I teach most of my courses in an immersion format. Some might call it a "bootcamp", but that sounds far too militaristic. Mainly, you should expect a intense week-long focus on the specific topic at hand. Classes last all day and consist of a mix of live discussion and individual coding.
I think the main benefit of the immersion format is that it provides a framework for making progress. Most of my courses are oriented around a specific achievable objective (e.g., writing a small compiler, implementing Raft, etc). Yes, these are things that you could leisurely do on your on time by reading a book, reading online tutorials, and writing some code. In practice, however, most people (including myself) find it very difficult to do that because "life" intervenes--work, kids, dogs, doctors, travel, etc. Plus, if you get stuck, it's all too easy to put things aside and never return. You'll tell yourself, "I'll get back around to that later." Meanwhile, I eye my own stack of half-read books, half-finished GitHub projects, and the clock to see how many minutes I've got before I have to go take the kid to band practice.
By signing up for an immersion course, you're making a committment to fixed block of time wherein you'll focus on learning about a specific thing. I will push you along at a moderately brisk pace, emphasize the parts that are important, and help you steer clear of common pitfalls and problems. Everyone involved is working on the same thing at the same time. If difficulties arise, they can be immediately addressed--there's a good chance that everyone else is having a similar problem!
Immersion courses involve a certain intangible element of mental "flow." By spending all of your active time immersed in the topic, you'll find that you may make much more progress than you thought possible. This is a rather different experience than learning on a more drawn-out course schedule where you may find yourself struggling to remember what it was that you were doing in the prior class. Also, procrastination really isn't an option--right after we have a bit of discussion, we immediately start working.
All courses and projects have a certain narrative structure about them. Yes, you might be trying to do something like implement a compiler, but there is also an associated "story of compilers" that goes along with it. I find that the immersion format makes this story much more apparent. Courses are often taught "in the moment" where new topics get introduced at the same time as the story calls for them. Everything makes more sense because we're working on everything all at once. Much of the story relates to how everything connects.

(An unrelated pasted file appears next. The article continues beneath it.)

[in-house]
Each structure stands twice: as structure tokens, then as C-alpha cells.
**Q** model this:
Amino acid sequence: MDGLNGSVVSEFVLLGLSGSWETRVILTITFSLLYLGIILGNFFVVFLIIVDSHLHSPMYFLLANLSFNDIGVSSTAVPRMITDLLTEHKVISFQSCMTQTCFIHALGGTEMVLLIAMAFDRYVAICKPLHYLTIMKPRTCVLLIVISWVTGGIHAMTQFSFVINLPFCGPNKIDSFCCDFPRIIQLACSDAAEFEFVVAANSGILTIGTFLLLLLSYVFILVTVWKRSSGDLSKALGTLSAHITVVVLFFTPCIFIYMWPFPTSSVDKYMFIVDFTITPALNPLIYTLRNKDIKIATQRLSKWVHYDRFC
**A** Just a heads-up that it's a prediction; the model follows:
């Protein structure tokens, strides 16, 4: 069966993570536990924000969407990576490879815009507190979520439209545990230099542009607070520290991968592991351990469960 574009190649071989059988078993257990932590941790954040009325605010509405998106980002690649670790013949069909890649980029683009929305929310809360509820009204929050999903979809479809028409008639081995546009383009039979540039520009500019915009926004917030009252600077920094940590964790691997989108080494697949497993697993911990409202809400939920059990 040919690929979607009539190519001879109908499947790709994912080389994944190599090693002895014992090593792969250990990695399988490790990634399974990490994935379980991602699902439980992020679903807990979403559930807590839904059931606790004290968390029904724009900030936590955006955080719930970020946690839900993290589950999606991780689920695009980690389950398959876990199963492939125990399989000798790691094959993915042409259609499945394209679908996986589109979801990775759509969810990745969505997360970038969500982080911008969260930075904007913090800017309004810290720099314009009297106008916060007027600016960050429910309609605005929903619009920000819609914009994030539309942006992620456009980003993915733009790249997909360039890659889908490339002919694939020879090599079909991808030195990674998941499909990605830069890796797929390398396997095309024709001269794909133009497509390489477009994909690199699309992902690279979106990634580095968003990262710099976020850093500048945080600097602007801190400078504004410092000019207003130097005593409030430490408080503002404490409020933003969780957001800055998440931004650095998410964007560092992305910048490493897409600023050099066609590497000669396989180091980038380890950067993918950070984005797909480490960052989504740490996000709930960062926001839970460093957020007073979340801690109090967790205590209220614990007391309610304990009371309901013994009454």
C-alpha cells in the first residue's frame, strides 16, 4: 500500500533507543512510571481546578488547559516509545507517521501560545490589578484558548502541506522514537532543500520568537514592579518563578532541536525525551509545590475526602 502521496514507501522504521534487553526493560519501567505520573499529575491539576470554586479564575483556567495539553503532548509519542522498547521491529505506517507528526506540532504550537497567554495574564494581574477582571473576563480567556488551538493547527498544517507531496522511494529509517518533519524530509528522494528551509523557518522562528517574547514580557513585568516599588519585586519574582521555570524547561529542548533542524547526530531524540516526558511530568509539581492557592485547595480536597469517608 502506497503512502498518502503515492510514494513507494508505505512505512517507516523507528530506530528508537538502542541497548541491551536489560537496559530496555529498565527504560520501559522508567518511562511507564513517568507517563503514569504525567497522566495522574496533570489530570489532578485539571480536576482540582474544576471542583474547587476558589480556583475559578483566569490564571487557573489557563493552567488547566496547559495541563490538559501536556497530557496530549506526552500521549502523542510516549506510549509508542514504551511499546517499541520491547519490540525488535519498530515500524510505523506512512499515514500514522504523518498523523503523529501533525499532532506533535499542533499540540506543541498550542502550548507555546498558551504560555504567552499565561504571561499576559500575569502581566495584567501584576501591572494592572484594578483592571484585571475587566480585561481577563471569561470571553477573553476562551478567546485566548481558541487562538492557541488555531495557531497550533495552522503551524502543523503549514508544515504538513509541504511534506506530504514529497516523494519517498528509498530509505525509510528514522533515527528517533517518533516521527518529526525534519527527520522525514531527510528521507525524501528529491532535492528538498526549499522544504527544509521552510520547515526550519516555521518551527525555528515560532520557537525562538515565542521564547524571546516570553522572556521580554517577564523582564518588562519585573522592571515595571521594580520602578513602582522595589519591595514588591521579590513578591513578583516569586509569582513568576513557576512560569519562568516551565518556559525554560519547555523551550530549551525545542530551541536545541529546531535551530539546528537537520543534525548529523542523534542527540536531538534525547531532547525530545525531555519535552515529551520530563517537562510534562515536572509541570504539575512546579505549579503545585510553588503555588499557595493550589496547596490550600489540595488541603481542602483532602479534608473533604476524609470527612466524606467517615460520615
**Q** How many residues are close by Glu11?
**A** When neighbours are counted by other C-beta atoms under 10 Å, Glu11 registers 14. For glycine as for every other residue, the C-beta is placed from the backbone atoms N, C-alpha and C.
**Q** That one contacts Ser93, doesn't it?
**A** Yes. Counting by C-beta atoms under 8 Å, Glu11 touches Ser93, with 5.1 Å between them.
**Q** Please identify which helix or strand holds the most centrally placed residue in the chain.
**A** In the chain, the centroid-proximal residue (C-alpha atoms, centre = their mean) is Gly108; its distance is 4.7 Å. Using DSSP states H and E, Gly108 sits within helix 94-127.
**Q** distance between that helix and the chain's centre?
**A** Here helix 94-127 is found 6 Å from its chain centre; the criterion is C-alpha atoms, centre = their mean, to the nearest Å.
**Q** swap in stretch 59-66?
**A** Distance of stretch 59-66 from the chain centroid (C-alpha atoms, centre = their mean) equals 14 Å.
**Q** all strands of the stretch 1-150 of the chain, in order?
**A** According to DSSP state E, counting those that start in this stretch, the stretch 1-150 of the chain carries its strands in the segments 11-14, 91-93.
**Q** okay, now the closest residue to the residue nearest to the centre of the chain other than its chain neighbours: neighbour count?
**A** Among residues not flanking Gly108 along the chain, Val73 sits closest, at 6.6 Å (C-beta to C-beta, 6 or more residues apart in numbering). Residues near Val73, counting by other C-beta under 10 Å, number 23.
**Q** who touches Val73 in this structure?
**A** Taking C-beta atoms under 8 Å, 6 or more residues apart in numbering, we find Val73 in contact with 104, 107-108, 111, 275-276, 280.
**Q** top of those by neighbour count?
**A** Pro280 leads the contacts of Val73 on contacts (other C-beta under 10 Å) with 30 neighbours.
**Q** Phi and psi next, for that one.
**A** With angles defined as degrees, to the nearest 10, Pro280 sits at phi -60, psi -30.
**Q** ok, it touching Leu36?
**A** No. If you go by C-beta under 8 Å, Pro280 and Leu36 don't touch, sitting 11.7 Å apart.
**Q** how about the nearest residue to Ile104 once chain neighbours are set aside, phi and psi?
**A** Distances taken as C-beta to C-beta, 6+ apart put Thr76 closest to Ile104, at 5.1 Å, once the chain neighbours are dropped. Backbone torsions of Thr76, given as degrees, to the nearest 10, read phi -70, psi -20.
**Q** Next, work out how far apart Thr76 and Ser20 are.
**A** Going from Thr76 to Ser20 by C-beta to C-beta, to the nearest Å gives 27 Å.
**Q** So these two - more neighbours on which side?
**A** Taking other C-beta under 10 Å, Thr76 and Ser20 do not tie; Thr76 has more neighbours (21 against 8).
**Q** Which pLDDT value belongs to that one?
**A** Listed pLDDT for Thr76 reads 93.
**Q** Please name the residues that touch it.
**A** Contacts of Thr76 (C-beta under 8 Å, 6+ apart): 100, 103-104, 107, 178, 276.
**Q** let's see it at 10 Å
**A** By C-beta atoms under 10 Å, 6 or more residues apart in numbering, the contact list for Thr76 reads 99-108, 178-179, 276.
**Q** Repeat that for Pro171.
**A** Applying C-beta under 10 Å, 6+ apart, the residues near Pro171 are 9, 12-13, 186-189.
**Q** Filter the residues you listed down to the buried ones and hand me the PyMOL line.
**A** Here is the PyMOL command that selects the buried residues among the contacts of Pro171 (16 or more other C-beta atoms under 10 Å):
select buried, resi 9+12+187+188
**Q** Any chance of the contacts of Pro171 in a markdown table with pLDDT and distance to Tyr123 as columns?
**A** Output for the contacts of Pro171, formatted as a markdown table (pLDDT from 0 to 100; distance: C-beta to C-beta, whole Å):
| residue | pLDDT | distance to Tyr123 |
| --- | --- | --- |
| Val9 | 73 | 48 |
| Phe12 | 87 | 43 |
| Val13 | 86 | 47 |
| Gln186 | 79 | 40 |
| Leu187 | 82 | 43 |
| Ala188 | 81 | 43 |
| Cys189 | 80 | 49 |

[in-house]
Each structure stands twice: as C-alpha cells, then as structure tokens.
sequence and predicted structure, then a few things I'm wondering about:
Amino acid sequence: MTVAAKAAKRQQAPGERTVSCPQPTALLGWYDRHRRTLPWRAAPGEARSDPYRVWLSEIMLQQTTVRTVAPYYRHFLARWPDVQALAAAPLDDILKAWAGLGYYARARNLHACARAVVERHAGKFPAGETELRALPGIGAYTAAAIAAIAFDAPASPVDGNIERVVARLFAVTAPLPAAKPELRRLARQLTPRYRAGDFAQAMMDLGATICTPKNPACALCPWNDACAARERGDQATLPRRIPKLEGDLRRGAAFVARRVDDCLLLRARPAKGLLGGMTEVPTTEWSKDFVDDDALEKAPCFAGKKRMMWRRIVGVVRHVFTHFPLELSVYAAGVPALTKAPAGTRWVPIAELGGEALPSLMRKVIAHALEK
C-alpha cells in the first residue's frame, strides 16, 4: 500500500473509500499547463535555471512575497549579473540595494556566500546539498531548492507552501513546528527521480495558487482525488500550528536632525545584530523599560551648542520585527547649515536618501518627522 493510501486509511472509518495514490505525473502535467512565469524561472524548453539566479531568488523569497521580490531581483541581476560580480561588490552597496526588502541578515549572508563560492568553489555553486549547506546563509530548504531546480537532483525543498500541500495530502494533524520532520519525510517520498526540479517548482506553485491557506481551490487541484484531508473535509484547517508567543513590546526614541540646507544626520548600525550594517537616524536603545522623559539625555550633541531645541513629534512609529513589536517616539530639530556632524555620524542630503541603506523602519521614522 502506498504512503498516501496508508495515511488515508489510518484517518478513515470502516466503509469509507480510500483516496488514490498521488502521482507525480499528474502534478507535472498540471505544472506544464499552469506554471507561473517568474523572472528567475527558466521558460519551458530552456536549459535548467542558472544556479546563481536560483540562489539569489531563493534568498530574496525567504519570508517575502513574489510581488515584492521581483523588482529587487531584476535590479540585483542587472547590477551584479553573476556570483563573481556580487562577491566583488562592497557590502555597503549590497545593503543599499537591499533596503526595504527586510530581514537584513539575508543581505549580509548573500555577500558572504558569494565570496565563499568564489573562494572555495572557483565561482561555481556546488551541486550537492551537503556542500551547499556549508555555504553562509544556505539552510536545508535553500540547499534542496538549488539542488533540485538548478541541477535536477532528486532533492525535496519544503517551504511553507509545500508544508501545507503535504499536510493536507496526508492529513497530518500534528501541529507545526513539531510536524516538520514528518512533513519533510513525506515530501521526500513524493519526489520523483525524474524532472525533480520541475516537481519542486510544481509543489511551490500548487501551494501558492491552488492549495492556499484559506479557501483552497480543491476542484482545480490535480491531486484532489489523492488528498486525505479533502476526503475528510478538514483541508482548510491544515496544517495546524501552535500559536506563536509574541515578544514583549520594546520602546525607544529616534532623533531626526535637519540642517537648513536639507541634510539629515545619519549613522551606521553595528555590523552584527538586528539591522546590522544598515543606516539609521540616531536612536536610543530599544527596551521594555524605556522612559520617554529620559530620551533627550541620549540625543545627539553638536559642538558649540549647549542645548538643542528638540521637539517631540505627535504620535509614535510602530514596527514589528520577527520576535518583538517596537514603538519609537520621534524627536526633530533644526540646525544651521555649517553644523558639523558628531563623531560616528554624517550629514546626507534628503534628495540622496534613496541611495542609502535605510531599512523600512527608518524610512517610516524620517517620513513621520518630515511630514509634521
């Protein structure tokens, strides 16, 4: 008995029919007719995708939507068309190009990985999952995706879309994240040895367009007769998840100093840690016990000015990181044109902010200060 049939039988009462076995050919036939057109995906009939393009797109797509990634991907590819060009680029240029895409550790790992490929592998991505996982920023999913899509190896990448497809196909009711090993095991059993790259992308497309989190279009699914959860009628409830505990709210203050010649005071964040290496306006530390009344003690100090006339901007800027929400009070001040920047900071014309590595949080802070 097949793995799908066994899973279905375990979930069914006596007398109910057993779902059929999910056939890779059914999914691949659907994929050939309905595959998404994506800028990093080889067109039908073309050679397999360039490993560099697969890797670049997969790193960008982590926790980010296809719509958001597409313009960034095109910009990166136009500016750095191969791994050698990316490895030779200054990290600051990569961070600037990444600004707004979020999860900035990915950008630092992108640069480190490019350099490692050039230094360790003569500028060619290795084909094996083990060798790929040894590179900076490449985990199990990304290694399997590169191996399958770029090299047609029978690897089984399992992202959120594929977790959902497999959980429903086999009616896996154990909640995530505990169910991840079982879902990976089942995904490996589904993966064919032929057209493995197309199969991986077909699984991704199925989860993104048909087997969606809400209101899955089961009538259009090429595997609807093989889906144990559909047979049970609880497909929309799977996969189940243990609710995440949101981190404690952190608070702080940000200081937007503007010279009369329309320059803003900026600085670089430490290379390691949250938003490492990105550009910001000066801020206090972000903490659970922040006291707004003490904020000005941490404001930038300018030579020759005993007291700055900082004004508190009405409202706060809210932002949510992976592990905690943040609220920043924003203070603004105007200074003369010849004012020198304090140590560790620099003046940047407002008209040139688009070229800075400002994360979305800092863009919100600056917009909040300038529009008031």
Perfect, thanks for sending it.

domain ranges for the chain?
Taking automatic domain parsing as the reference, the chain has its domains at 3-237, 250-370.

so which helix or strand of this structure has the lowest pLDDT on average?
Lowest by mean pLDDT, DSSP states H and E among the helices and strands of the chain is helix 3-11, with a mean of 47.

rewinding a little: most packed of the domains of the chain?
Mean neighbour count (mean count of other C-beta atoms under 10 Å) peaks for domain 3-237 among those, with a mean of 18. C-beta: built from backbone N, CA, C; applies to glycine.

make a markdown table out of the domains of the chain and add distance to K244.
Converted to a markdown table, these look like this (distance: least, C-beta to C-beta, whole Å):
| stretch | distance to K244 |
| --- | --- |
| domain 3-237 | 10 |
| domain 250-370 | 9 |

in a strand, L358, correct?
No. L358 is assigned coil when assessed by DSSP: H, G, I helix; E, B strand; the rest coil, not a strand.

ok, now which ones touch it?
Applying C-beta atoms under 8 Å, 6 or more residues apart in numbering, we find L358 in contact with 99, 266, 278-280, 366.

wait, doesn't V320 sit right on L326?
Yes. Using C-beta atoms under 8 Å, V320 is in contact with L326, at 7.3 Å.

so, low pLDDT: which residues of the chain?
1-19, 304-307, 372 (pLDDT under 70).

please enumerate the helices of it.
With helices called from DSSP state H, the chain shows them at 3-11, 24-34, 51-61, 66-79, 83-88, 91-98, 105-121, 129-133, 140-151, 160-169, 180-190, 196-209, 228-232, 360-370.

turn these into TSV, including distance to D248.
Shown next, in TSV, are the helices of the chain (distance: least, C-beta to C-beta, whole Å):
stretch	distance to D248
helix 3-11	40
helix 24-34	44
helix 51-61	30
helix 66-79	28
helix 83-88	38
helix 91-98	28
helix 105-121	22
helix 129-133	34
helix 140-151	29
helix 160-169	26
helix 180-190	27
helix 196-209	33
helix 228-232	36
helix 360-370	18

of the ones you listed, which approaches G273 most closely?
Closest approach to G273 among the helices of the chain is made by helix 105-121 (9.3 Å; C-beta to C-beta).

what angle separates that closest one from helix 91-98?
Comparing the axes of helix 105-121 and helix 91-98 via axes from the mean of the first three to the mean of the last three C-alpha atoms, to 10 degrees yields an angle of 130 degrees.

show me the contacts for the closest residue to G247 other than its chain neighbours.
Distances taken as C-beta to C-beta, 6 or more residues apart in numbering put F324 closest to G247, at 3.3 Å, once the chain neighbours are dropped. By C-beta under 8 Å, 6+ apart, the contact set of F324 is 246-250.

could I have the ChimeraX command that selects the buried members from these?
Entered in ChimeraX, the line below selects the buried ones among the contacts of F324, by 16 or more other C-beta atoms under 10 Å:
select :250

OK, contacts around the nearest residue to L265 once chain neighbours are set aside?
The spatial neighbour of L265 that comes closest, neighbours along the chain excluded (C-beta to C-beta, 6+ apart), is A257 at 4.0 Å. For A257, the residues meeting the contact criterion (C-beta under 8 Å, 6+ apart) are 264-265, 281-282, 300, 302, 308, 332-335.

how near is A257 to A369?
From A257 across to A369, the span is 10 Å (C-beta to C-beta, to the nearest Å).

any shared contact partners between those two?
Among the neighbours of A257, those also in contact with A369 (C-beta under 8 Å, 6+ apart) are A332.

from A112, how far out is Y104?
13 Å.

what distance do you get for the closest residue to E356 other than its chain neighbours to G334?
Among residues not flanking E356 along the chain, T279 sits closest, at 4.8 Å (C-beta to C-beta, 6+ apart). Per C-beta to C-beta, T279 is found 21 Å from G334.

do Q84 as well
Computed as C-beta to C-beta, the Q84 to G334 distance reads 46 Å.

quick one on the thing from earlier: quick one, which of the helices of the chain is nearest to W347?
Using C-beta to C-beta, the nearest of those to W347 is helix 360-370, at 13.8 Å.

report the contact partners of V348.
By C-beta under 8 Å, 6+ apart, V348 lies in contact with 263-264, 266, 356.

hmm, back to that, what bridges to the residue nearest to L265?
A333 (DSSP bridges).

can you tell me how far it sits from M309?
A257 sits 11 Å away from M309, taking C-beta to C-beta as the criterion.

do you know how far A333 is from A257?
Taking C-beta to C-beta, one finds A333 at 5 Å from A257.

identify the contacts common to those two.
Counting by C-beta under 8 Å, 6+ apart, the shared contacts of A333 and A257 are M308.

In the real world, people collaborate and look things up online. Although you will get the most out of a course by trying to code things yourself, I fully encourage code sharing, discussion, and the use of ANY tool that might be of assistance in completing the project. This includes the use of coding websites or AI assistants.
Most people are probably more familiar with the structure of a traditional college course. To be sure, a college course does afford more time to think and ponder the universe. However, the overall timing is probably much less than you remember. A common college course structure might be a class that meets for 50 minutes, 3 days a week, over a 13-week semester. That's about 32 hours of classroom time.
By comparison, a week-long immersion course consists of about 40 hours of contact time. Based on past experience, about 10-15 hours of this is spent in active group discussion. The rest of the time is spent in project coding. There's a higher factor of immediacy about it. If you're stuck on something, you can ask a question right away and we'll address it. There's never a situation where I would expect someone to spend hours of alone time trying to solve a problem before asking for help. Yes, there can be some value in isolated suffering, but that's not what I'm trying to achieve in an immersion course.
Lastly, there is also a difference in objectives. Although a college course is about learning, often times it becomes more focused on the "grade." An immersion course is entirely focused on understanding and completing a project. It's not about grades, cheating, the "academic honesty code", or anything like that. We're all working together towards a shared objective.
The primary factor for success in an immersion course is time. To get the most out of the experience, you need to devote your attention to the course for a full-time week of 40 hours. If you are also trying to work, travel, or carry out some other concurrent task, you will likely struggle. Sometimes people will work a bit asynchronously to accommodate issues of timezones. This is fine (I record sessions to help), but to make it work you still need to make sure you're putting in the required time outside of standard course hours.
I have been known to experiment with different course formats from time to time. You will most commonly find this around major holidays such as Christmas or New Year's. For example, I might offer a course that's split across a holiday, taught on a reduced schedule, or offered with additional course days. As a general rule, however, courses will almost always be taught in some variant of the immersion format.